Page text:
Tuesday 29 May 2018

Open Studios, Artist Statements and Letting Them Eat Cake. . .

Well, it's been a hectic few weeks. . . The Norfolk Open Studios weekend we had signed up for all those months ago finally came round, and it was pretty full on getting ready for it. I had to sift through, and choose various designs to print, work out which designs to make into tiles, make the tiles, get some not too expensive frames for the prints, work out which pieces of jewellery and which beads to put on display, how to display them and how the various strands of my work would fit together. . . Interesting but just a bit too much like flippin' hard work. (And I had a gig on the Sunday that I had to find time to rehearse for. . . It went well, apart from the rain, it being an outside event - we huddled under a gazebo thing until it stopped after about half an hour, but It's all left me feeling somewhat wiped out)

The jewellery and prints bit. . . with various props

The tiles and prints bit, with old red velvet curtain

I also felt I needed to write a kind of artists statement explaining a bit about the intention behind my work and how it came to be created etc.

So what I will do for this blog post is show you some pics of the final display and regurgitate the artists statement for your delight. . . ;-) Actually it does quite succinctly pin down a few things, I think. You may find it interesting. . .

If not, just look at the pics ;-)

Prints, Tiles and Coasters

My work and practice involves making unique, digitally constructed images (derived from my explorations into the mathematics of pattern – in nature and in decorative and other arts) into physical objects by transferring said images onto paper (as prints), and onto tiles and other surfaces.
My tiles lie, in category, between prints and ceramics, being essentially prints onto a ceramic surface. Framing them serves to emphasise their function as art objects.
In my work, unlike most artisan print processes, the actual production of the physical object is not where much of the skill and expertise lies. In my case that skill and expertise is largely to be found in the mastery of the software I use to create the images, and the vision to see that it could be used for such a purpose in the first place, (a purpose it was never intended to be used for).
I have a deep interest in the so called ‘mathematics of nature’ and how computer software can be used to impersonate natural patterns and surfaces by using that mathematics. Leading on from that, I have found in my explorations that patterns can be produced (especially when symmetrically reflected) that resemble patterns produced by entirely human means. I find echoes of African art, Art Nouveau and Deco etc. This leads me to speculate on the reasons the human brain and the human mind find certain shapes particularly pleasing. It could be that these fractal forms echo the fractal nature of the brain and it’s workings, that there are some forms that are somehow universal. . . They also look beautiful, both old and modern at the same time.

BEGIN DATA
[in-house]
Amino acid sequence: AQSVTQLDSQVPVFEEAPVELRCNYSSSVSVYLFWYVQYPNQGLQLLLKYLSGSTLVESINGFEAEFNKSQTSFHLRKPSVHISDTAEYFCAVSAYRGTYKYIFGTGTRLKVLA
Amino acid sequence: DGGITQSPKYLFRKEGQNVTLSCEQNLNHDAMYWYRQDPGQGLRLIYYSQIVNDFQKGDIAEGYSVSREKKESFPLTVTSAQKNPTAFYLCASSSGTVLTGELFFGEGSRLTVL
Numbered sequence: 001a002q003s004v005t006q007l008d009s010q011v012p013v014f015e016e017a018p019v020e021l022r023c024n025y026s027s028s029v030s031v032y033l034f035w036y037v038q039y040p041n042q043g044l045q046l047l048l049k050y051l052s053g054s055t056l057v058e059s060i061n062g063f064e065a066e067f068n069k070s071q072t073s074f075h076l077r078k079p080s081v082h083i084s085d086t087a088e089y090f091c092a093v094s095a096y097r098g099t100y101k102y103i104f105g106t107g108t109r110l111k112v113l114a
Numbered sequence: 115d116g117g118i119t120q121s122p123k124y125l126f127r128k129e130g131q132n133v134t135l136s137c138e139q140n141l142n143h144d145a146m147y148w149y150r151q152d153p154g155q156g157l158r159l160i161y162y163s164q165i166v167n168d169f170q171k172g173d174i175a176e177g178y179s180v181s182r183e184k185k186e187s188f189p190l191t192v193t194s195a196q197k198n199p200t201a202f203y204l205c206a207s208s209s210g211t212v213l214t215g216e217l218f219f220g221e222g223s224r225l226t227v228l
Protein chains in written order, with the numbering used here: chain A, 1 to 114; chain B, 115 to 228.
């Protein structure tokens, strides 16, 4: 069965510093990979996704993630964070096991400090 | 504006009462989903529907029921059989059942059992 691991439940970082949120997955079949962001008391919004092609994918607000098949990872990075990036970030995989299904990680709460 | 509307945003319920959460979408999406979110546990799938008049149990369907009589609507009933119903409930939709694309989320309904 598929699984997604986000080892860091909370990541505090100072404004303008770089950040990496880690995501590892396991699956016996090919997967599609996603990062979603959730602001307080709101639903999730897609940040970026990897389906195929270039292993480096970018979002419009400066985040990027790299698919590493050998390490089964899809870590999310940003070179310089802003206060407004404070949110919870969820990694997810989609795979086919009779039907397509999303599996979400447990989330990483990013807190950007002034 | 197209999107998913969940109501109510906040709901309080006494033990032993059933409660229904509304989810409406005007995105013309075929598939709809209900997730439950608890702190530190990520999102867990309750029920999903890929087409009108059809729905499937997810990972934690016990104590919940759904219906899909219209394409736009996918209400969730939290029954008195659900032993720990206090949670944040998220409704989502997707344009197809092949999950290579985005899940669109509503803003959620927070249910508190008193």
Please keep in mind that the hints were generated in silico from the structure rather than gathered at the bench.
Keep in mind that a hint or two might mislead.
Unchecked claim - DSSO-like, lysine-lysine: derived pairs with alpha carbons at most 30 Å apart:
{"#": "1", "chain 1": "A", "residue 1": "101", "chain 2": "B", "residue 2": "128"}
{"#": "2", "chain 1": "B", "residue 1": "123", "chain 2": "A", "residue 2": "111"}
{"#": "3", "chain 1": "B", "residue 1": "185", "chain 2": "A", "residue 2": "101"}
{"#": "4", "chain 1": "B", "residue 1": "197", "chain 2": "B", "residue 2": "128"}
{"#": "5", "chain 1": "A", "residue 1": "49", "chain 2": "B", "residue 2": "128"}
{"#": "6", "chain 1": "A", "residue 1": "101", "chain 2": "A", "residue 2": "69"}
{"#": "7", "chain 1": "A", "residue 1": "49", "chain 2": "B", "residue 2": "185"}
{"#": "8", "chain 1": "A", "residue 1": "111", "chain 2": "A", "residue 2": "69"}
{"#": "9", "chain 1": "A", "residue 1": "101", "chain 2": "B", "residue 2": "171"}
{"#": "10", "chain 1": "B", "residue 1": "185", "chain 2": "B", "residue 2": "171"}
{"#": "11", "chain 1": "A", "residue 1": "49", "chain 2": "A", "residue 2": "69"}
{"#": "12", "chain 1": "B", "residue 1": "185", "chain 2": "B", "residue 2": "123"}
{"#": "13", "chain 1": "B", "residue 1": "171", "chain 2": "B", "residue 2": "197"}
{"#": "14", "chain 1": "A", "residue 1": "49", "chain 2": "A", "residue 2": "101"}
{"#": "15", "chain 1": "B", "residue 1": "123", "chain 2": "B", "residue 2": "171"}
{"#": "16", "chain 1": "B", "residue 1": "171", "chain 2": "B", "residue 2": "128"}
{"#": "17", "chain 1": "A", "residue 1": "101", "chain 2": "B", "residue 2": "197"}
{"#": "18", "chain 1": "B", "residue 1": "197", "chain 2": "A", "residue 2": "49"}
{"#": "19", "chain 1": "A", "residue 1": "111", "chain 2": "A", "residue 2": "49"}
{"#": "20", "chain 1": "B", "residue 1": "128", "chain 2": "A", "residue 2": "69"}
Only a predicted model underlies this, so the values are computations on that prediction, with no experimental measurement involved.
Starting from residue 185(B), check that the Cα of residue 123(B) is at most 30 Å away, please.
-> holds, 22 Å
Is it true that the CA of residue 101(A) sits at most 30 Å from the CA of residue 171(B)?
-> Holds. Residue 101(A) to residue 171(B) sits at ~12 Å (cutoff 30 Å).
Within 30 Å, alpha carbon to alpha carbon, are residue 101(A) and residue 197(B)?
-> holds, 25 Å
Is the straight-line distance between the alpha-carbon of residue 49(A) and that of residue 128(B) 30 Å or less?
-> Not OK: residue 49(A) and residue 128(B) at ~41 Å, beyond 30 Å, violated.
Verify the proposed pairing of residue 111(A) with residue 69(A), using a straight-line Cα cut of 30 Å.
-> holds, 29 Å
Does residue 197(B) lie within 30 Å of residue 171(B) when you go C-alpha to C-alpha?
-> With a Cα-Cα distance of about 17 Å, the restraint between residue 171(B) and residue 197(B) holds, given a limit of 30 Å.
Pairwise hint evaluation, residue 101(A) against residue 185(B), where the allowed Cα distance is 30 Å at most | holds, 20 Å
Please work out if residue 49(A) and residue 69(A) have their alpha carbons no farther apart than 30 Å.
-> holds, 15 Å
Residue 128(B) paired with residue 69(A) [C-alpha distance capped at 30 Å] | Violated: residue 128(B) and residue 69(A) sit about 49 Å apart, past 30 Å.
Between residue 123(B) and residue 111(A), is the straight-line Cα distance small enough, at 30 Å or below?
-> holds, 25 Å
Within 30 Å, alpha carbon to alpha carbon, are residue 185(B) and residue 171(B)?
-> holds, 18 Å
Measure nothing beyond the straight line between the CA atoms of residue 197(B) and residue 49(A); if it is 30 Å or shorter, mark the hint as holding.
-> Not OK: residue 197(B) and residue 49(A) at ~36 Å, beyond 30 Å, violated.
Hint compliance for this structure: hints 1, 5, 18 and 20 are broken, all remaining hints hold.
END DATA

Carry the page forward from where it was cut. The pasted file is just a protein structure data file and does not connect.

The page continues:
Which is also a feature of

My Bead and Jewellery Work.

My chosen medium is polymer clay, technically a modern, plastic modelling medium with many clay like properties. It is malleable until baked (at domestic oven temperatures), whereupon it becomes hard and tough. It can be painted, sculpted, glued and distressed in various ways. It is also cheap and no specialist equipment is required which makes it less intimidating to experiment with.
It is an interesting material in that it has little identity of it’s own, possibly due to it’s newness as a medium. This lack of clear identity, its transparency if you like, means it is can be made to impersonate other materials, but produce forms that those materials might not be able to.
I discovered that many artists use polymer clay to make beads, which led me to explore beads as cultural phenomena and as art objects in their own right. And to realise how very ancient beads are in the history of human creative endeavor. Personal adornment has a long history. This was all new to me, and I found it fascinating.
My work involves utilising textures and images, transferred or impressed into polymer clay, to make unique and unusual beads and jewellery. Exploration, experimentation and following the fascination are the guiding principles of my practice. I use many techniques in my work, such as image transfer, texture making, faux ceramic, crackle glaze effect, turned effect, and directly distressing the surface. I have also developed surface treatments to make my beads seem to be ancient, although actually being entirely modern. An apparent contradiction I also find fascinating.

Tiles and Coasters - https://www.etsy.com/uk/shop/JonBurgess

Tiles. Sold a few ;-)

More tiles, sets of 4 and unframed ones

Some prints. Digital abstract stuff

More prints. brighter ones in black frames
So the first weekend was a bit slow as far as sales went, but a couple of couples of old friends dropped by, having seen the brochure thingy and not yet having seen our new home. That was very nice.